New laws address guns, religion, budget, schools

Published 3:39 pm Saturday, July 9, 2016

It has been a controversial year for the Mississippi Legislature. State Republicans won a supermajority in the House and Senate in the November elections — not without challenge — and passed many bills that would have been unfeasible before.

“It was a very contentious session,” District 39 Sen. Sally Doty, R-Brookhaven, said. “I think we did pass some important legislation.”

All of the following new laws took affect July 1.

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Budget woes

Doty said she feels the public has been misinformed about the budget, where revenue grew by only 1 percent instead of the projected 2-3 percent. That difference, Doty said, is what led to shortfalls in the budget, which sits at about about $6.5 billion. The governor was recently given the authority to take from the state’s rainy day fund to pay for the $75 million deficit.

“Due to conservative fiscal policies over the last few years, we have monies to take care of contingencies such as this,” Doty said.

Doty said there is no growth of revenue projected for 2017, but she remains optimistic.

“We’ve had growth each year for the past 40 years with the exception of the big recession years of 2002, 2008 and 2009,” she said.

Doty was appointed as one of five senate members to serve on the joint legislative budget committee, where she’ll have a front seat when making adjustments for the 2017 budget.

There have also been concerns from local officials about Senate Bill 2362 — the Budget Transparency and Simplification Act. The law, which sits at over 41,000 words, prevents state agencies from billing other agencies and moves special funds into the state’s general fund. That took affect July 1, and there are questions as to what constitutes a special fund and how this will effect local government services.

Lincoln County Emergency Management Director Clifford Galey said insurance rebates are one of two major sources of income for volunteer fire departments, and it was unclear whether or not that was included in special funds. In the 2016 fiscal year, that money amounted to $146,000.

Doty said the bill was not intended to defund essential services.

“As with new change, there have been some details to work through,” Doty said. “Our fire departments provide such valuable service to our community, and I will always fight to make sure they are funded.”

SB 2362 passed 23-14 in the Senate and 115-5 in the House. Doty, along with District 53 Rep. Vince Mangold, R-Brookhaven, and District 92 Rep. Becky Currie, R-Brookhaven, all voted to approve the bill.

Death penalty secrecy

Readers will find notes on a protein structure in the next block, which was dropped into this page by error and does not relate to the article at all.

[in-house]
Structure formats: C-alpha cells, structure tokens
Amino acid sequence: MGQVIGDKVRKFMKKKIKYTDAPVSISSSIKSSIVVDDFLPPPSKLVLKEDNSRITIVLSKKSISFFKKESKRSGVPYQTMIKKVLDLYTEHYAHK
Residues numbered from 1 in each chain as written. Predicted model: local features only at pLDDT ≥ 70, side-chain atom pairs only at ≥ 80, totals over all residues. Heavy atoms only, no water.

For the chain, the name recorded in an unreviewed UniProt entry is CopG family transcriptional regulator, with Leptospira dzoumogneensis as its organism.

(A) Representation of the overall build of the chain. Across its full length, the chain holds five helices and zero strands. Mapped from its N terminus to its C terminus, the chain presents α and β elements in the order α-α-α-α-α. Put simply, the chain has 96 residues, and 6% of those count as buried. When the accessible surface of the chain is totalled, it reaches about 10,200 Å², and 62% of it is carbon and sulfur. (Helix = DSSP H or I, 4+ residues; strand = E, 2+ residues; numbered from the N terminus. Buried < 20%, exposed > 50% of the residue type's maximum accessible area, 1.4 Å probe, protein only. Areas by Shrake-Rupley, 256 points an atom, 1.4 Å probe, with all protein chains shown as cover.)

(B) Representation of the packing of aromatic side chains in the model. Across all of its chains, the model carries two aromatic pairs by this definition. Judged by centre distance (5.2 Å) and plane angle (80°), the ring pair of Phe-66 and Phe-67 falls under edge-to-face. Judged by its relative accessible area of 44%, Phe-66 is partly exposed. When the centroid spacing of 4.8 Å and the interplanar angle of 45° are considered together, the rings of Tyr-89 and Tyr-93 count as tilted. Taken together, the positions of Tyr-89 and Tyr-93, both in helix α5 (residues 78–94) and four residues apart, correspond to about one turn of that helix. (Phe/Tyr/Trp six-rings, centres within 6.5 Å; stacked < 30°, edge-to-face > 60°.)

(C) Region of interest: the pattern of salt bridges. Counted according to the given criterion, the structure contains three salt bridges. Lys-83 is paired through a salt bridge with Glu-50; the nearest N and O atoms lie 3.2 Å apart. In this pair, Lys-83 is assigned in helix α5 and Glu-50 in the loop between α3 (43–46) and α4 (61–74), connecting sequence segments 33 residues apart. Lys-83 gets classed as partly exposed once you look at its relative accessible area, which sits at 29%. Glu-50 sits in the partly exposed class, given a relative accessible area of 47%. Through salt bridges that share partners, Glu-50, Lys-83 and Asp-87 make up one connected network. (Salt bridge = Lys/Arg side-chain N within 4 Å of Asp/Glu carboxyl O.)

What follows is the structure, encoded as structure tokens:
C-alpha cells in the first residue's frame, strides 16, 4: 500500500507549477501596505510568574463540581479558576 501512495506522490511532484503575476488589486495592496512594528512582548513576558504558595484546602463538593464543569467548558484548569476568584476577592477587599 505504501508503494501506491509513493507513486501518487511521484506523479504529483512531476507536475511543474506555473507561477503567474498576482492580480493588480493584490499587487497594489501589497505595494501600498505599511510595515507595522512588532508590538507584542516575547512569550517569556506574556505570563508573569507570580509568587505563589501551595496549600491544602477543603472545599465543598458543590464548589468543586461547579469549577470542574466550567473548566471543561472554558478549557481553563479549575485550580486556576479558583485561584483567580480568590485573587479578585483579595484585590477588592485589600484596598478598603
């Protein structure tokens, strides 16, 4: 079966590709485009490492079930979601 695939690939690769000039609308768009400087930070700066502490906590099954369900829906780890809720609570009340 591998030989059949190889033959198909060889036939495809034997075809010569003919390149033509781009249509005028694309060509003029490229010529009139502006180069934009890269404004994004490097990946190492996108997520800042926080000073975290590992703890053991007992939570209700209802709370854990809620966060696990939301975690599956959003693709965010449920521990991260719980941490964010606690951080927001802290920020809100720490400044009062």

SB 2237, called the Execution Secrecy Bill, makes the names of employees and family members at an execution confidential, as well as businesses providing lethal drugs.

Erik Fleming, advocacy and policy director with the American Civil Liberties Union of Mississippi, said he believed the bill represented a First Amendment violation.

“The ACLU is taking the position that we shouldn’t be doing the death penalty anyway, but if we’re going to do it, it needs to be done above board and it needs to be transparent,” Fleming said. “We don’t need a state giving them the right to make contracts in secret.”

Doty said the bill protects members of the execution team and pharmacies from harassment.

“Anti-death penalty activists have unfairly threatened, intimidated and harassed people involved in executions,” Doty said.

SB 2237 passed 32-18 in the Senate and 79-40 in the House. Doty, Currie and Mangold all voted to approve the bill.

Guns in the church

House Bill 786, called the Mississippi Church Protection Act, gives churches the authority to designate members authorized to carry firearms.

Mangold said the law was strictly for security.

“Some churches in our area already have a security team who patrol the parking lots and keep a look out for strange situations,” he said. “With all the bad things happening in the county, this was supposed to help.”

HB 786 passed 85-33 in the House and 36-14 in the Senate. Doty, Mangold and Currie all voted to approve the bill.

Hunting and Fishing

HB 1151 increased the cost of hunting and fishing licenses. The Commission on Wildlife, Fisheries and Parks also has the authority to raise the price.

HB 1151 passed 82-39 in the House and 40-9 in the Senate. Doty and Mangold approved the bill, while Currie voted against.

Mangold said he believed the bill was necessary to ensure counties were able to pay wages for game wardens.

“There were several counties that did not have a game warden,” Mangold said. “The increase was to be able to furnish the counties without a game warden.”

Currie said the bill constituted an increase in taxes, which she typically votes against.

“A lot of folks thought we needed an increase for that, but for your average hunter that just wants to go out at deer season and do a little hunting — I just hate to penalize everyone,” she said.

Jackson Airport

SB 2162 replaces the five-member board appointed by Jackson Mayor Tony Yarber with a nine-member Jackson Metropolitan Airport Authority. The bill has been unpopular in Jackson, and city officials are backing a lawsuit to block the bill.

SB 2162 passed 29-18 in the Senate and 74-46 in the House. Doty, Mangold and Currie all voted to approve the bill.


HB 519 outlawed an abortion procedure called dilation and evacuation, referred to as “dismemberment abortions” by opponents.

Currie, a registered nurse, said she was against abortions as a rule, but the Supreme Court has ruled that abortions are a constitutional right. In a June 27 Supreme Court decision, justices ruled the law in Texas and other states including Mississippi requiring abortion clinics to have admitting privileges at a hospital put an undue burden on women seeking an abortion and were thus unconstitutional. Instead, HB 519 outlaws a specific procedure that takes place after 16 weeks.